“We want to get to work demarcating and registering our lands”
The Maya Leaders Alliance (MLA)—constituted by organizations such as the Toledo Maya Cultural Council (TMCC), the Kekchi’ Council of Belize (KCB), and the Toledo Alcaldes Association (TAA)—issued a formal statement today, appealing to the Government to work with them to resolve their differences over ancestral land rights through dialogue, so that there would be no need for further litigation.
On Monday, July 29, over 300 Maya leaders of Toledo converged at the Julian Cho Technical High School to digest the Court of Appeal’s decision issued last week.
“We are pleased that the court has reaffirmed our peoples’ right to own the land that we use every day and depend on to survive, and that the property system that we inherited from our Maya forefathers is every bit as valid as the property system Belize inherited from the British,” the MLA said in their statement today.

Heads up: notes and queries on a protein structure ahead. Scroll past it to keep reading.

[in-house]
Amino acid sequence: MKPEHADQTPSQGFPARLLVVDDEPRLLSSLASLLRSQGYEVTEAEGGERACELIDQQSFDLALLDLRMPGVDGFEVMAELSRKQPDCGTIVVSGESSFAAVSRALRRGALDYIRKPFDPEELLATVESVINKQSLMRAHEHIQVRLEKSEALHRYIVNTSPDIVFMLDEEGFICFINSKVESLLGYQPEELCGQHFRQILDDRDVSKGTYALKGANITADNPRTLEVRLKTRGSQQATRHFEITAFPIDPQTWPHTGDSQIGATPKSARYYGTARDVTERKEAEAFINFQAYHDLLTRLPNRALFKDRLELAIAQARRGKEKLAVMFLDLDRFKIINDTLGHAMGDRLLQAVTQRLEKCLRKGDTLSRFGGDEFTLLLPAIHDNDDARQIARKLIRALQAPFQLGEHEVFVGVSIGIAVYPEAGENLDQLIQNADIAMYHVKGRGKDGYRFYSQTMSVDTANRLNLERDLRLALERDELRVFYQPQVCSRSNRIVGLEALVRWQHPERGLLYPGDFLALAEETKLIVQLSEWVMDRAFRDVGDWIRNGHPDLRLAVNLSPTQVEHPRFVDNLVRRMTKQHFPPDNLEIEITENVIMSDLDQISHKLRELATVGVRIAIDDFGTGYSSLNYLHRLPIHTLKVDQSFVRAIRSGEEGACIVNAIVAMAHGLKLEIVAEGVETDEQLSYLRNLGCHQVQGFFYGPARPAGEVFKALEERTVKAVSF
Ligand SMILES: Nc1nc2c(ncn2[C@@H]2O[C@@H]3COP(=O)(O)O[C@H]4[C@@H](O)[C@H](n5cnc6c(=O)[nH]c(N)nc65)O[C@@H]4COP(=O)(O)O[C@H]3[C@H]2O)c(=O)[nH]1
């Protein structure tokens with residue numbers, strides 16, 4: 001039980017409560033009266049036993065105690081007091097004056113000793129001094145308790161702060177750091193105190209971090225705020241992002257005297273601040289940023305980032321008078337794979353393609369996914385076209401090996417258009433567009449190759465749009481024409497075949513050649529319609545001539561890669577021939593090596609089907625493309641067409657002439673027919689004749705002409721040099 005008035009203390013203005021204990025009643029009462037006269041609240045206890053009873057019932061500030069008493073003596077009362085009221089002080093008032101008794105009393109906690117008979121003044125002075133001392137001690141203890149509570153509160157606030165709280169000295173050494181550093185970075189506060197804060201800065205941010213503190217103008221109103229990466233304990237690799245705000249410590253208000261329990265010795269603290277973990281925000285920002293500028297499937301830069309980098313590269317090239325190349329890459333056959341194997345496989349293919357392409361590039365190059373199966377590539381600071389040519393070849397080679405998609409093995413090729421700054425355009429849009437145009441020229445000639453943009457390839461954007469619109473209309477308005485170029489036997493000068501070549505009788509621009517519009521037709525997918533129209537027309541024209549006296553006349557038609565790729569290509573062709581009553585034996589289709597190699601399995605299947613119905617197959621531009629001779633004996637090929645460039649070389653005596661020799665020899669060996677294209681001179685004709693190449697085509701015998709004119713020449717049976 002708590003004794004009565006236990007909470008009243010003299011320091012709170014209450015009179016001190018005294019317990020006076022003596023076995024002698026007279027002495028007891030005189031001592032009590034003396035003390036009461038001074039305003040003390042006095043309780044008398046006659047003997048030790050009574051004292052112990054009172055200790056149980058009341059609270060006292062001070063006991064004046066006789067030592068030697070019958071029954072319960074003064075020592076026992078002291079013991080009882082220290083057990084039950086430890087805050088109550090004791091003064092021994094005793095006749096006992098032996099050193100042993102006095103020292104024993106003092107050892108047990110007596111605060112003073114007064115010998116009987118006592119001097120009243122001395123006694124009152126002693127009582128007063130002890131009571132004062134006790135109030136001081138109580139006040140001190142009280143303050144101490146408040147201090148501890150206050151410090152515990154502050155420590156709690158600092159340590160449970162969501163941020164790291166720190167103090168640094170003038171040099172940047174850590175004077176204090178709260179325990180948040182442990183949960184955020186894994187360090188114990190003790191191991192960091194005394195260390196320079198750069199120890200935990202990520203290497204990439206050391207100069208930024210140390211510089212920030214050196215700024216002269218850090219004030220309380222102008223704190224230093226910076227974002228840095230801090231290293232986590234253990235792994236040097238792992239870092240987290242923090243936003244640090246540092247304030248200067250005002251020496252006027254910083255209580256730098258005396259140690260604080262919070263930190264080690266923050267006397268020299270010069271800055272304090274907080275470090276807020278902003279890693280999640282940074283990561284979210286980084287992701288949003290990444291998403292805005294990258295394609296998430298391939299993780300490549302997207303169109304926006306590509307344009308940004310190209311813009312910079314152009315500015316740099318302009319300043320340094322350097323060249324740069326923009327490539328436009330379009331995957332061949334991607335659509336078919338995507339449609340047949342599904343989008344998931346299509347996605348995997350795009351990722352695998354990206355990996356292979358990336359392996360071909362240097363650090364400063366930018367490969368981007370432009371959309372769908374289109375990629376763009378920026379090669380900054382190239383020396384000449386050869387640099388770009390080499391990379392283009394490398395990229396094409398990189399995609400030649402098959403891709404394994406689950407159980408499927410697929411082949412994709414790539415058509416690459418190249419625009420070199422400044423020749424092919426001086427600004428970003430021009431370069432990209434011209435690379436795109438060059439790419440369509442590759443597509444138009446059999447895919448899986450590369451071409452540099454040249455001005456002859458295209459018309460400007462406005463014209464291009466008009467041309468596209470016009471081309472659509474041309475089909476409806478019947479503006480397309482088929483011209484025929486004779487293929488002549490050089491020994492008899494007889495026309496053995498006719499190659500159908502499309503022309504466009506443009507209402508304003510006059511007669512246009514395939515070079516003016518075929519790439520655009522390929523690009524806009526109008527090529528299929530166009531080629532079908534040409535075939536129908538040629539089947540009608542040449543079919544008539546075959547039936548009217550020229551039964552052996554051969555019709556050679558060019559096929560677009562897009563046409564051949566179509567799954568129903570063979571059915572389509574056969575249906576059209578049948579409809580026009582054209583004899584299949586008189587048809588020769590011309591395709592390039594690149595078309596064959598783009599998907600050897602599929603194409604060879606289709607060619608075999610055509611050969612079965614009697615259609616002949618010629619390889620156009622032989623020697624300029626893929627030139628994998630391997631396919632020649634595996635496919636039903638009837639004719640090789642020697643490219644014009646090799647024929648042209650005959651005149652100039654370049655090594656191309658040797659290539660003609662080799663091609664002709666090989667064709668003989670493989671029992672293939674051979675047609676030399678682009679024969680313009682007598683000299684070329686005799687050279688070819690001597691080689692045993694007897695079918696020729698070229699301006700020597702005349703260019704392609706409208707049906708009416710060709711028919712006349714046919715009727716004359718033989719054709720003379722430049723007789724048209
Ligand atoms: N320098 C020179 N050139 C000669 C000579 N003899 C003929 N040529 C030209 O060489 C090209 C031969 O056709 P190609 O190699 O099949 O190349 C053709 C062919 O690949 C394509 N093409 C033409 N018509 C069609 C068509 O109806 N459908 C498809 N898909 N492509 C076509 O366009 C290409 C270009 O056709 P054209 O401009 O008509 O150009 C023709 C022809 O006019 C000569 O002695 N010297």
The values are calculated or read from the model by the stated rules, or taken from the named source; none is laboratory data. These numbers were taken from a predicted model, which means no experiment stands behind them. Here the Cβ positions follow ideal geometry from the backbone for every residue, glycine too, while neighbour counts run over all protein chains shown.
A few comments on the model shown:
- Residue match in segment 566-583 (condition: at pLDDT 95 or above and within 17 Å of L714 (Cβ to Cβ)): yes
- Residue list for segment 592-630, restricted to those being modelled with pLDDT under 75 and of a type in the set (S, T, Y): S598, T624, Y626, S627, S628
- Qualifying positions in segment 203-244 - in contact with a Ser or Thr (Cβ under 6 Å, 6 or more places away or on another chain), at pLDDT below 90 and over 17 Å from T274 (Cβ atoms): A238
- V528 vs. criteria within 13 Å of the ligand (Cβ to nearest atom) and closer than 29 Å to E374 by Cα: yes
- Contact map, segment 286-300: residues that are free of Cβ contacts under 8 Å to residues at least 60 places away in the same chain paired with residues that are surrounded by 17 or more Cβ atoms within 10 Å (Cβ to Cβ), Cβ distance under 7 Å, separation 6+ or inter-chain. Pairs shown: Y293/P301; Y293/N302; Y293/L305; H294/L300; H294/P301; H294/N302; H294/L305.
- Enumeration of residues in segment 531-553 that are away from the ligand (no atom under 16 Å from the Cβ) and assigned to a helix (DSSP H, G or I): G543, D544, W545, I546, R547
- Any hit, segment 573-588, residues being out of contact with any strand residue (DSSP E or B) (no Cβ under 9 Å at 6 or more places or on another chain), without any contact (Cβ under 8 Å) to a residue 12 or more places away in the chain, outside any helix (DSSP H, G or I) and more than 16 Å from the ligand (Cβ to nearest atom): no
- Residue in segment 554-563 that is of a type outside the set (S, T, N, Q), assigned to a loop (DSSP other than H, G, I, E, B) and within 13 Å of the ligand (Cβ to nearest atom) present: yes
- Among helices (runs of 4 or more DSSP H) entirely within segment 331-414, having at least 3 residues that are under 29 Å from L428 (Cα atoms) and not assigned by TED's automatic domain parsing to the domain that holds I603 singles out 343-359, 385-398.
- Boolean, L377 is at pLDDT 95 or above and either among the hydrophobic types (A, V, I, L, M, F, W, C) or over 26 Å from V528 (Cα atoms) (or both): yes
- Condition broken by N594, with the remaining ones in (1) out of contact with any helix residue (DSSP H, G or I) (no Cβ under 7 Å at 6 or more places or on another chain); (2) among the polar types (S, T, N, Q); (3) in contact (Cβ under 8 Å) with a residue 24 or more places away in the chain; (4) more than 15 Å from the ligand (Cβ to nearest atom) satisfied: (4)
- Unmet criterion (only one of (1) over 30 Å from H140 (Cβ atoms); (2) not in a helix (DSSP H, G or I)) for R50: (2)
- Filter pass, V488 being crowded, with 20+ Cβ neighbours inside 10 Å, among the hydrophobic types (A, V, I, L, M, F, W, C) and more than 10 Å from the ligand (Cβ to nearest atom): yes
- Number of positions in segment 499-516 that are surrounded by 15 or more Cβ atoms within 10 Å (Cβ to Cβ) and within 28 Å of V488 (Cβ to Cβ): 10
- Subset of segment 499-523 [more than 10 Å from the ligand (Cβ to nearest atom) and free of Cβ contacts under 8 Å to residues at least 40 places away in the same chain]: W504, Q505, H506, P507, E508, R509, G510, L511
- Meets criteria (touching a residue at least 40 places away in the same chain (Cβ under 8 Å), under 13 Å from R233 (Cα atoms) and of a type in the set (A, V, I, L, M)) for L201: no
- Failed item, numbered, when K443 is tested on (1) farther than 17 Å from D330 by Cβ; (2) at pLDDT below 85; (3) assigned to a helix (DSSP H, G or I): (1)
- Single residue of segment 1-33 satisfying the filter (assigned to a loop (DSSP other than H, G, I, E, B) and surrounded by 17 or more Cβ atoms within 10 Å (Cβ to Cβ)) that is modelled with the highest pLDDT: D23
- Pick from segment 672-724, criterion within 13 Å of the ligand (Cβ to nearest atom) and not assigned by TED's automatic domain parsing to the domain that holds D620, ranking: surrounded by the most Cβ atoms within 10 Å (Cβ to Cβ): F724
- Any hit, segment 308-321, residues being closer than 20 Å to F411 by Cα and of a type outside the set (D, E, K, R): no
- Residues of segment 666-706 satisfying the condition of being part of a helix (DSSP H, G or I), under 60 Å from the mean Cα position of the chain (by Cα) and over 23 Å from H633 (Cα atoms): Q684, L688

However, the court also set aside a series of orders Conteh had made which were intended to give effect to those rights.
The Maya leaders said they “…were also deeply apprehensive about the section of the decision that absolves our government from protecting those rights and titling Maya lands.
“Our rights were disregarded even when there was court-ordered protection in place, so we cannot help but be concerned that the protection has been lifted.”
They again call on Government officials—and particularly the Attorney General, the Minister of Natural Resources, the Ministry of Forestry and Sustainable Development and the Ministry of the Environment—”to come to the table with the Maya people and work out how to regularize our rights, which can no longer be denied.”
The MLA statement furthermore said, “We want to get to work demarcating and registering our lands, so that both the Maya and Belize as a whole can focus on the more important work of improving the lives of all Belizeans with sustainable development that preserves the environment on which we all depend.”